Selected Artists: Peggy Bacon, Albert W. Barker, Will Barnet, Leonard Baskin, Thomas Hart Benton, Isabel Bishop, Abe Blasko, Ernest Fiene, Emil Ganso, Gordon Grant, Marion Greenwood, Irwin D. Hoffman, Martin Lewis, Charles W. Locke, James Penney, Robert Riggs, John Sloan, Bruce Waldman, Max Weber, and Anders Zorn.
Mark Jenkins, arts writer for The Washington Post, featured our woodcut and wood engraving show, Ink & Grain, in his most recent column. Follow the link below to read his article, and make sure to stop by the gallery before November 15th to see the show in person.
(Quick note: Our exhibit is the last show reviewed, so it does take some scrolling to get to the write up on Ink & Grain).
Serigraphy ( also known as screen-printing or silk screen) is a versatile printing process, based on the stencil principle. The method first appeared in China during the Song Dynasty (960–1279 AD), and gained popularity in 18th century Europe, thanks to imports of silk from the East. A group of WPA artists, who later formed the National Serigraphic Society, coined the word “serigraphy” in the 1930s in effort to differentiate the artistic application from the commercial printing application. Serigraphy was later made famous in the 1960s by Andy Warhol, who used the medium to achieve a bold, commercial look in his pop-icon prints.
To make a serigraph, a fine woven fabric is tightly stretched and attached to a metal or sturdy wood frame. This forms the printing screen. A stencil is then created on the screen, by the application of a blockout. Artists have experimented with numerous blockout methods over time- including paper, hand-cut film, glue, photosensitive emulsion, and gelatin film. The blockout areas become the non-image areas. After the blockout is laid and dried, paper is placed below the screen and thick ink is squeezed into a line across the top of the screen. The ink is then dragged along the surface of the screen with a squeegee. This forces the ink to pass through the open area of the stencil onto the paper below. For multi-colored prints, a separate screen is required for each color.
Below are several serigraph prints we have in our OPG inventory, by early 20th century and contemporary artists. Hope you enjoy!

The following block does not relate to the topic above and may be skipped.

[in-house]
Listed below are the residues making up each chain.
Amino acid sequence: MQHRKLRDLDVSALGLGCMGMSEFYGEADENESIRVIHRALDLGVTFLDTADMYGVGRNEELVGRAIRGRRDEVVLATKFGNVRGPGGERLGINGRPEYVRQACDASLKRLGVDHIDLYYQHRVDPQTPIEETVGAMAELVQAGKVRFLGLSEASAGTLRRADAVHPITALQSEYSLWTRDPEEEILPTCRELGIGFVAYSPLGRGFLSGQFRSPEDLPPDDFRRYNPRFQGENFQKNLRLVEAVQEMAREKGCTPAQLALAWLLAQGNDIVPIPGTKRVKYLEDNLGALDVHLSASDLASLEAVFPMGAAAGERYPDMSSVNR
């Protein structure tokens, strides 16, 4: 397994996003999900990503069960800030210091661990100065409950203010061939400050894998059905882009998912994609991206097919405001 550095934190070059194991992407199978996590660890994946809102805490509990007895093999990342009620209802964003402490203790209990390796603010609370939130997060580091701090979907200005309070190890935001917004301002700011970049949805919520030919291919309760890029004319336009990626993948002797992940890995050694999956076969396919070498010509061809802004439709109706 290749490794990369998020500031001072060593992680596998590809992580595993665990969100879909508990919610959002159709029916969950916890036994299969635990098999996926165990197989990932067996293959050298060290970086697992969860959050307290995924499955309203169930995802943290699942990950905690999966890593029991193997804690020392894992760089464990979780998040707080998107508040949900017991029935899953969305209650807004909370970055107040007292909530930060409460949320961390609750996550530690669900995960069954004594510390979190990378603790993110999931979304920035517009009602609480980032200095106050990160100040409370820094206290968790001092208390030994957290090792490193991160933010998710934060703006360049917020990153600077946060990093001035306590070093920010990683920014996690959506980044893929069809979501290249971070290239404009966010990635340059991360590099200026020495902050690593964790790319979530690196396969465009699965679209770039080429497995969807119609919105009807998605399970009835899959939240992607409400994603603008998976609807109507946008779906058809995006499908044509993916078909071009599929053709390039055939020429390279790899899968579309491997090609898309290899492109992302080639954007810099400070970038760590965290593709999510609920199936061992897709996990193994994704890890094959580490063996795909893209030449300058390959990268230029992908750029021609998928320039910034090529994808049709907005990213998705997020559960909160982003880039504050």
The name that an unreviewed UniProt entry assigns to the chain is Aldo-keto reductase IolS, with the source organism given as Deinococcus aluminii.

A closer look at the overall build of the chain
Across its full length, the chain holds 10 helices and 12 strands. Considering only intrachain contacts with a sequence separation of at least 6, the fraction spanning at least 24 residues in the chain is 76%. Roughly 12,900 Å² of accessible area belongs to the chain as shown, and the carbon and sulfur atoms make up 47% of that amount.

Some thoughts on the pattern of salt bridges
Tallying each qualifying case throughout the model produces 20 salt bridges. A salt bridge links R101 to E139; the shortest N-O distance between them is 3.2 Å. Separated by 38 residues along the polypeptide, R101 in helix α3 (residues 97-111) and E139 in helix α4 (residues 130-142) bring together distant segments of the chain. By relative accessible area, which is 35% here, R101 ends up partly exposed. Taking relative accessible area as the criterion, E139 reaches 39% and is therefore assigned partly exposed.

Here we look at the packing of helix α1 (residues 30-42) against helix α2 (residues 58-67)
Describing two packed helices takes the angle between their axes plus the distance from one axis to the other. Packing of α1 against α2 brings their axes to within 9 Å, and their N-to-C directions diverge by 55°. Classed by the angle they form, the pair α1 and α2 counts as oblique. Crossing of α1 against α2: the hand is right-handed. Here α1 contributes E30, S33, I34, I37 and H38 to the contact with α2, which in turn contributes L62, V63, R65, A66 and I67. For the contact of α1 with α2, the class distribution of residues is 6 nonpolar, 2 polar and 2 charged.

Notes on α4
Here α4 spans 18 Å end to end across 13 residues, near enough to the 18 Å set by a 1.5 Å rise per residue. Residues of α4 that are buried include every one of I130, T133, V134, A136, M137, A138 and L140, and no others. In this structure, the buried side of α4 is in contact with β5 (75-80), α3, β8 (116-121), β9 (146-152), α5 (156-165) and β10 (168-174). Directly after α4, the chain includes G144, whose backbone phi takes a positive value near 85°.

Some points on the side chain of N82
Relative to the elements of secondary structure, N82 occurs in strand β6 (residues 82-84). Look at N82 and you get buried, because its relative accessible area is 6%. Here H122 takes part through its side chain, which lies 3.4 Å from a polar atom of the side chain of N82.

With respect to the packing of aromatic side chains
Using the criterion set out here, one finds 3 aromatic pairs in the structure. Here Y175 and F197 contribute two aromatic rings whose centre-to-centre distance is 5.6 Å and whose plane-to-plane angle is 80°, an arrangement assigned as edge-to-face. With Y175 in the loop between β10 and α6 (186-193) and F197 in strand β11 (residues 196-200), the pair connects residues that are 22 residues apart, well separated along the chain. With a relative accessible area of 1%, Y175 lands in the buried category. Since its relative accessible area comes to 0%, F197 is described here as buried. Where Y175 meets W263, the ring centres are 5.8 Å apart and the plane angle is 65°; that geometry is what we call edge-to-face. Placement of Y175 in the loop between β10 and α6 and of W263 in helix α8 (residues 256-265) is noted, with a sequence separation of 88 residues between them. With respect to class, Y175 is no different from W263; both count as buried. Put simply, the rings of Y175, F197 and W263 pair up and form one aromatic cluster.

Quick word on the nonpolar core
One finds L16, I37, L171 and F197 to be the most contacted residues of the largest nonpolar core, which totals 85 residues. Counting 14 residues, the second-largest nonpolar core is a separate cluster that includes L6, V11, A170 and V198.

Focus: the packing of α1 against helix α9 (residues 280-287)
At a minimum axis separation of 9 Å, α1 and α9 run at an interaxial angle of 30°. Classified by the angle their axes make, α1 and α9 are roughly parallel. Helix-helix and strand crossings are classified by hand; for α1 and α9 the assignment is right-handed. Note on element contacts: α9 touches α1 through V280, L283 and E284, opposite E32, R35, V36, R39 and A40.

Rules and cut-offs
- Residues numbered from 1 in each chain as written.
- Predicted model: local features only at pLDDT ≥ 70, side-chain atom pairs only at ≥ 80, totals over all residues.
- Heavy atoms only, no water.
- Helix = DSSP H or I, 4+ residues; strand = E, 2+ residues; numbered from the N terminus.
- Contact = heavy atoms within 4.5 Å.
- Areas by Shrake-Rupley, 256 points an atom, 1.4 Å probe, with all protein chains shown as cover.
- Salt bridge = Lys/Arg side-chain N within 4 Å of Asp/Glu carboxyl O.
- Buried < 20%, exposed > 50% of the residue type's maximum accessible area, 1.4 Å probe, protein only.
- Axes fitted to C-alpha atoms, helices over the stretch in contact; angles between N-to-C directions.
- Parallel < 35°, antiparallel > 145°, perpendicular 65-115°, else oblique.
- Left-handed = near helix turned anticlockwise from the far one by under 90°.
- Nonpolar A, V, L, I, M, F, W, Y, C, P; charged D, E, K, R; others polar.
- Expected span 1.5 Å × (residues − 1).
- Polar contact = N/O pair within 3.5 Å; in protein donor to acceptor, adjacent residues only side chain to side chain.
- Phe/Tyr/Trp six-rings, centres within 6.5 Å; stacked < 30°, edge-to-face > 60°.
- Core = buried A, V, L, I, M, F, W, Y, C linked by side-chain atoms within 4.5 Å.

Today we have two beautiful nude prints, one by contemporary Bill Murphy and the other by 20th century painter and printmaker Alessandro Mastro-Valerio. Followers of the OPG Blog are already familiar with Alessandro Mastro-Valerio (we have featured his prints here, here, and here), but this is the first time we have showcased work by Bill Murphy.
Murphy was born in Staten Island in 1952. He studied at The School of Visual Arts, The Art Students League, Pratt Graphic Center, and received an MFA from Vermont College. He holds the rank of Professor of Visual Arts at Wagner College, Staten Island where he has taught since 1983. Murphy is a member of Audubon Artists, Print Club of Albany, and the Society of American Graphic Artists (SAGA).
A particularly poignant line from Murphy’s artist statement is a great illumination of what makes his prints so successful: “The aspect of picture-making which intrigues me the most is at the point where luck and intention meet – the crisscrossing of fate and accident on the way to finding a picture.” His nude lithograph is a perfect visual testament to his instinctive and liberated method; it is a very subtle print- not overworked or exhaustive in its line work. Similarly, Mastro-Valerio’s nude benefits from a softer and delicate touch. The sheets are a tumble of indistinguishable folds, and his use of line is sparse- with only subtle definitions to the curve of the hip, shoulders, and hands, leaving the face and background bathed in shadows.
We hope you enjoy these two beautiful prints!
Image on the Left: Repose. Alessandro Mastro-Valerio. Mezzotint, 1948. Edition of 20. Estate Signed. LINK.
Image on the Right: Reclining Nude. By Bill Murphy. Lithograph, 1988. Edition 10. Signed and titled in pencil. LINK.
We picked up two prints at this year’s Capital Art Fair by Boris Lovet-Lorski (1894-1973). Lovet-Lorski is best known for his dramatic sculptures and lithographs. Always conscious of volume and structural space, his early architectural aptitude combined with the flattened aesthetic of the Art Deco period to produce his distinctive style.
Over the course of his career, Lovet-Lorski fashioned sculpture in a dizzying variety of materials, including marble, granite, slate, onyx, bronze, copper, pewter, wood, plaster, jade, and even lava. Ever mindful of the material used, his busts and figures always emerged with the clean, geometric lines and a fluid tactility. When arthritis hindered his capacity to sculpt, Lovet-Lorski focused his attention on drawing and printmaking, specifically lithography. In 1926, Braun & Co. published two portfolios of his lithographs.
Lovet-Lorski’s muse was the woman of the 20’s & 30’s, whether he captured her in polished bronze, black and white lithographs, or oil-paintings. He depicted the female form with strong, elongated and rounded limbs and narrow, boyish hips that flowered up to broad, angular shoulders. These powerful body silhouettes acted as a nod to the lustrous, modernized profiles of automobiles, airplanes, and new technology of the 20th century.